Inside A Composer’s World

As part of a residency week with the Wheeling Symphony Orchestra, celebrated American composer Jennifer Higdon offered music buffs an inside look into her busy, creative world.

Higdon, WSO Maestro Andre Raphel and Erika Donaghy, chair of the Wheeling Arts and Culture Commission, served as panelists for a town hall-style, free public meeting at the Capitol Theatre in Wheeling Thursday, March 7. They spoke of the importance of the arts and they offered insight into the role that a cultural treasure, such as the Capitol Theatre, plays in the process of making music and for the spirit of a community.

“The arts not only are the soul of a community, but also it is cohesive,” Donaghy commented, citing an amazing array of arts offerings in Wheeling.

Donaghy also pointed to the economic factor of the arts which, she said, produces $72.1 billion in annual revenue nationally. “Not only is art bringing that revenue in, but also it’s bringing people together,” she remarked.

Higdon, who made her second visit to Wheeling last week, also discussed the value of residencies. “When any composer can be there, it’s a good thing,” she said. “So much of the music that gets made is so old.”

But when an orchestra has a composer present, the musicians can ask questions of the writer and they have a “face” to put with the music, Higdon said. In turn, she related, the composer has interaction with the audience. “I think it’s kind of an imperative thing,” she remarked.

Higdon related that most of her life is spent alone, in the “solitary confinement” of writing. Thus, she appreciates and enjoys opportunities to meet and interact with musicians and audience members.

Observing an audience’s reaction to a piece is a valuable tool for a composer. “You can feel the energy drop when the composer loses the audience,” Higdon commented, adding, “It’s fascinating to see how people are taking it in.”

The composer said that “having the conversations” and seeing people whom she met in Wheeling five years ago constitutes “the best part of my job.”

Regarding the worth of facilities such as the Capitol, Raphel observed, “Concert halls are very much places that bring people together.”

Higdon agreed, saying, “Concert halls are different from place to place. There’s something special about a place like this (the Capitol) … It’s a shared experience in the community. I think gathering places are important.”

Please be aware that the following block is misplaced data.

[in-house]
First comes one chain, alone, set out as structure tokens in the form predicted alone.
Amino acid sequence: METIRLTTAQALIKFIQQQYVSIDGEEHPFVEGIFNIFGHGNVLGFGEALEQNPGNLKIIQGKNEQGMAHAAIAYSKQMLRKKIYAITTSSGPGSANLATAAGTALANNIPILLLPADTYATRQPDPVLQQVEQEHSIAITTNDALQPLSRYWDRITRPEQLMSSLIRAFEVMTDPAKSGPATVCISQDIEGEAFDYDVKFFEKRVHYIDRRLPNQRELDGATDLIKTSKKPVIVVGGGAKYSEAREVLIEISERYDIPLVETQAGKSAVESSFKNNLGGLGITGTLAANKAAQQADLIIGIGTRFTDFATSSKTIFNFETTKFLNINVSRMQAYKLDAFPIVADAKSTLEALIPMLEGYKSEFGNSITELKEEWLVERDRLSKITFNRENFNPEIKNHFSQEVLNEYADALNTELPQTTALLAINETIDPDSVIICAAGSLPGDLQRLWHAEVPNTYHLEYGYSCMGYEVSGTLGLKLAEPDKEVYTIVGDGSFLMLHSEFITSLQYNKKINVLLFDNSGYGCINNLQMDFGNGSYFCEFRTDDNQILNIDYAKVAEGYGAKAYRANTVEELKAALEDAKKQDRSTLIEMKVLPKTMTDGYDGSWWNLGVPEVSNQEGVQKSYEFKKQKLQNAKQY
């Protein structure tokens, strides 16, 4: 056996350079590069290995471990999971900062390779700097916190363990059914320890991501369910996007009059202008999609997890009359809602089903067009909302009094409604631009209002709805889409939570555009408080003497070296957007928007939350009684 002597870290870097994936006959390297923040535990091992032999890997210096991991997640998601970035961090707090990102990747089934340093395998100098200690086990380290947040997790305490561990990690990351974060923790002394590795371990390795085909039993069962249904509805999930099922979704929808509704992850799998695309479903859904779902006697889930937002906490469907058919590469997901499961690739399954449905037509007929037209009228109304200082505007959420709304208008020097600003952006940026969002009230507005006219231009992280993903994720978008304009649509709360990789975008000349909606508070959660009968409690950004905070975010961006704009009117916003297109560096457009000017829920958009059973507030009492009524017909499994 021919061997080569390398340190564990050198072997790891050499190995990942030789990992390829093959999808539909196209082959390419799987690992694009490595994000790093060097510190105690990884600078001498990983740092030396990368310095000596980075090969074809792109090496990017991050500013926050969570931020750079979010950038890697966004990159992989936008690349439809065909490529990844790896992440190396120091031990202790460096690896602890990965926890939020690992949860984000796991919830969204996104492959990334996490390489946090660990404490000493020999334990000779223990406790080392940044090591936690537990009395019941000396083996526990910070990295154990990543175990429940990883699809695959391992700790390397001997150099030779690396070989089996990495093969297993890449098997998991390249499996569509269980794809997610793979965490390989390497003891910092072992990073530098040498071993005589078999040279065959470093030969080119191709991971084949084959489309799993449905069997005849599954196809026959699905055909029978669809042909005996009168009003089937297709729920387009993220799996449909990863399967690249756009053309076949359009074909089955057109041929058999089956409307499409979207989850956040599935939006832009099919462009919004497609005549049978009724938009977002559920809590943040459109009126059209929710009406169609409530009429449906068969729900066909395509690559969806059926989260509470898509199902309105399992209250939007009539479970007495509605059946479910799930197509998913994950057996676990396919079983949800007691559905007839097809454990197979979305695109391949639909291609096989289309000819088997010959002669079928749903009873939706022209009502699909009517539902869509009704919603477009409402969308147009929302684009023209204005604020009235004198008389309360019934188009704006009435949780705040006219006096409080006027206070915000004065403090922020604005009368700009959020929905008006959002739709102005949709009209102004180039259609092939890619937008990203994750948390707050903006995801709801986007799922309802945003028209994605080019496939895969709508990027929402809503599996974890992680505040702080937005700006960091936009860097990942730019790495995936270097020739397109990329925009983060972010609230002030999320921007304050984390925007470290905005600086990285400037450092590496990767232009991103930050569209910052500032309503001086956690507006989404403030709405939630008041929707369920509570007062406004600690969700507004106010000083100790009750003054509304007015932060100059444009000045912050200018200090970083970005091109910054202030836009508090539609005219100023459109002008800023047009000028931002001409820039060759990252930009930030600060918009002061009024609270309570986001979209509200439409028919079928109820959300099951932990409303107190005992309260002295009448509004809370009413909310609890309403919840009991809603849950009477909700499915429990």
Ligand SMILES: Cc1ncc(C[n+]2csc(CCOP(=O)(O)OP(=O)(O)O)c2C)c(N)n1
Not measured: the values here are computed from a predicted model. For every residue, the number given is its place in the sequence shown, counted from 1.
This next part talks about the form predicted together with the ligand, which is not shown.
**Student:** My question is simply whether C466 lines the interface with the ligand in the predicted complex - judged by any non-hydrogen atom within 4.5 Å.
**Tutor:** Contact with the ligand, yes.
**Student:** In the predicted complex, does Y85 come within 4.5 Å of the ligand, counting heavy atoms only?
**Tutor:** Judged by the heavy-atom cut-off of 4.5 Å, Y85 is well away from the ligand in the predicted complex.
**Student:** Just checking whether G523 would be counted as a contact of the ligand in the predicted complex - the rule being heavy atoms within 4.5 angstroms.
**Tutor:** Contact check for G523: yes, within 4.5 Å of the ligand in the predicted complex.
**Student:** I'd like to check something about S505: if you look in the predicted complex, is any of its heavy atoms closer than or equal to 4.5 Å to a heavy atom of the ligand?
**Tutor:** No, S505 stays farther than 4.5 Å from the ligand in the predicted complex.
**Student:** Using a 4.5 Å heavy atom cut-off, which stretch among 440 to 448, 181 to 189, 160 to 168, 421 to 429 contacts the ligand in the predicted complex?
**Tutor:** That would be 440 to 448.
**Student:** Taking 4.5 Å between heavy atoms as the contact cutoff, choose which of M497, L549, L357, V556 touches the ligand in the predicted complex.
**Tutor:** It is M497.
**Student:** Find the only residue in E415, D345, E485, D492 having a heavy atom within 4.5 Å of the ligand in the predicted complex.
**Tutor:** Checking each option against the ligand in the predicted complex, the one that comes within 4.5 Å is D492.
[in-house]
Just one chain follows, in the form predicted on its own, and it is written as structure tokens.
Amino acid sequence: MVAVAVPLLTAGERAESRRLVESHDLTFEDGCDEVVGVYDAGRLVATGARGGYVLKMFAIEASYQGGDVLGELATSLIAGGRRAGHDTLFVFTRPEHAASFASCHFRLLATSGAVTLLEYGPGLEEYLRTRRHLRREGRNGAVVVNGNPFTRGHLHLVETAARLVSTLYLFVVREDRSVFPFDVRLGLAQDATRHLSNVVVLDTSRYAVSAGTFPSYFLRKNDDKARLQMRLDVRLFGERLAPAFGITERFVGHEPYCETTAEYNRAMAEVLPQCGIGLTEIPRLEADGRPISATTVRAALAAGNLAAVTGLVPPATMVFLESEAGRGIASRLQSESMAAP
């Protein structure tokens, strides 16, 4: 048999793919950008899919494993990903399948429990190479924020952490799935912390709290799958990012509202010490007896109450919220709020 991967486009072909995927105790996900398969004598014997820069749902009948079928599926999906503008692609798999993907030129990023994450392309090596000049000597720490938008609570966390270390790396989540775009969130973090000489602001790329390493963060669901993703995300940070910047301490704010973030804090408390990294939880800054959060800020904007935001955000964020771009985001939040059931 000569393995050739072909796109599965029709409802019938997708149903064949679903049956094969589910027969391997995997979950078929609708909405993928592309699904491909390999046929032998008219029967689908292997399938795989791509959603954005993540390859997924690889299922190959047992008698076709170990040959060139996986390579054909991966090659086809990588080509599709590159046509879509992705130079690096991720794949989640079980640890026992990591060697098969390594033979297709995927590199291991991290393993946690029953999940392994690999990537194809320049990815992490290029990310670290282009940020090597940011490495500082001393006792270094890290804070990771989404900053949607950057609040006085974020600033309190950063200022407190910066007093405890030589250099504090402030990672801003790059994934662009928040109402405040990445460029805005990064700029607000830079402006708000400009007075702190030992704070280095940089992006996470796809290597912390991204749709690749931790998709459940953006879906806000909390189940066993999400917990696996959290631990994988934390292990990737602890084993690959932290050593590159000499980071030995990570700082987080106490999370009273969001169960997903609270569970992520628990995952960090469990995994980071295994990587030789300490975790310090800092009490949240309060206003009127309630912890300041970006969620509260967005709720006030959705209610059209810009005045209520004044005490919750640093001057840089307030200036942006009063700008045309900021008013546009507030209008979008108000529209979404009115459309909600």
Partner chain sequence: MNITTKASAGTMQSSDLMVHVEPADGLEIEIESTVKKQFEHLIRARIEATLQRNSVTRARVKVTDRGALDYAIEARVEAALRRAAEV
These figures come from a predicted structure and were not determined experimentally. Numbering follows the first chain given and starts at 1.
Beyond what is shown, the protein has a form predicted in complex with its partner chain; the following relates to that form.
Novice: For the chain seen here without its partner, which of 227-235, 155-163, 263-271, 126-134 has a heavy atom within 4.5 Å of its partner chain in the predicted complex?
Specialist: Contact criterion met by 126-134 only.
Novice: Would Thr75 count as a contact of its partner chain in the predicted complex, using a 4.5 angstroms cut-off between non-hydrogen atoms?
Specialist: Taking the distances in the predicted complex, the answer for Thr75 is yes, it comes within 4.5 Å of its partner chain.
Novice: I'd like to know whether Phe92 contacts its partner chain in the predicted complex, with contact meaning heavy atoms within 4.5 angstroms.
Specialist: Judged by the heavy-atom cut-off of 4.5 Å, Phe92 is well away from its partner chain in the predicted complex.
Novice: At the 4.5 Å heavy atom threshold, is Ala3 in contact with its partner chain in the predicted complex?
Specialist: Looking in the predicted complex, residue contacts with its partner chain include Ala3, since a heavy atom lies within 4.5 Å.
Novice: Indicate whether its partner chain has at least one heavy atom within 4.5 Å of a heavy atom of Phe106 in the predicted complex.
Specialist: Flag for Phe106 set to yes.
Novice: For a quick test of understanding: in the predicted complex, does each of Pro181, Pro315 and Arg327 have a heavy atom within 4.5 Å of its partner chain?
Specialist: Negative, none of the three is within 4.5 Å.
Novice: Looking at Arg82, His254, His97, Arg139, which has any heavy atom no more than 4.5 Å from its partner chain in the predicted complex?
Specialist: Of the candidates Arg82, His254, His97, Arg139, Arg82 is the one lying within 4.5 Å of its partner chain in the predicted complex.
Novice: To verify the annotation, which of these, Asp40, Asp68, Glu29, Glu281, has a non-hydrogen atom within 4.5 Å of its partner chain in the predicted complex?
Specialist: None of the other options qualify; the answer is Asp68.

In a historic hall or theater like the Capitol, “I think you certainly draw inspiration from the stage,” Raphel remarked.

Donaghy, who recalled participating in a performance of “Carmina Burana” at the Capitol a decade ago, said historic, grand venues offer “an energy you can’t get anywhere else.”

She commented, “Creating arts spaces and preserving arts spaces like this are so important to the community.”

On a related note, Higdon pointed out, “History is being made now. History is being made every day there is an event here. History will occur here 10 years from now.”

Surveying the interior of the Capitol, Higdon said, “It’s so grand.” Upon seeing the restored theater, the Philadelphia resident said, “I think about the 16 movie palaces in Philadelphia that were torn down.”

During the town hall meeting, Higdon also described the process of writing the Concerto for Orchestra, which the Wheeling Symphony performed in a Masterworks concert Friday, March 8. The work was commissioned several years ago by the Philadelphia Orchestra.

The concerto’s third movement “showcases musicians in the orchestra with various solos,” Higdon said. She explained that a musician requested a solo, and that other requests followed. “I kept a grocery list of solo requests,” she quipped, adding, “That whole movement grew out of that simple request.”

Likewise, when a timpanist wanted to play in the percussion section, it gave Higdon an idea to feature percussion in the fourth movement. Saying “I try to have at least one challenge in each work,” Higdon said her writing for the fourth movement includes the “interesting effect” of having the work speed up at various points, giving rise to an “image of a Victrola revving up.”

For the fifth, and final, movement, she wanted to add some “swing,” which she accomplished by making the tempo double during the movement. “It gets rolling there,” she said, adding, “I love going to the movies. Probably there’s some Alfred Hitchcock influence there … (the feeling) of being chased by a plane.”

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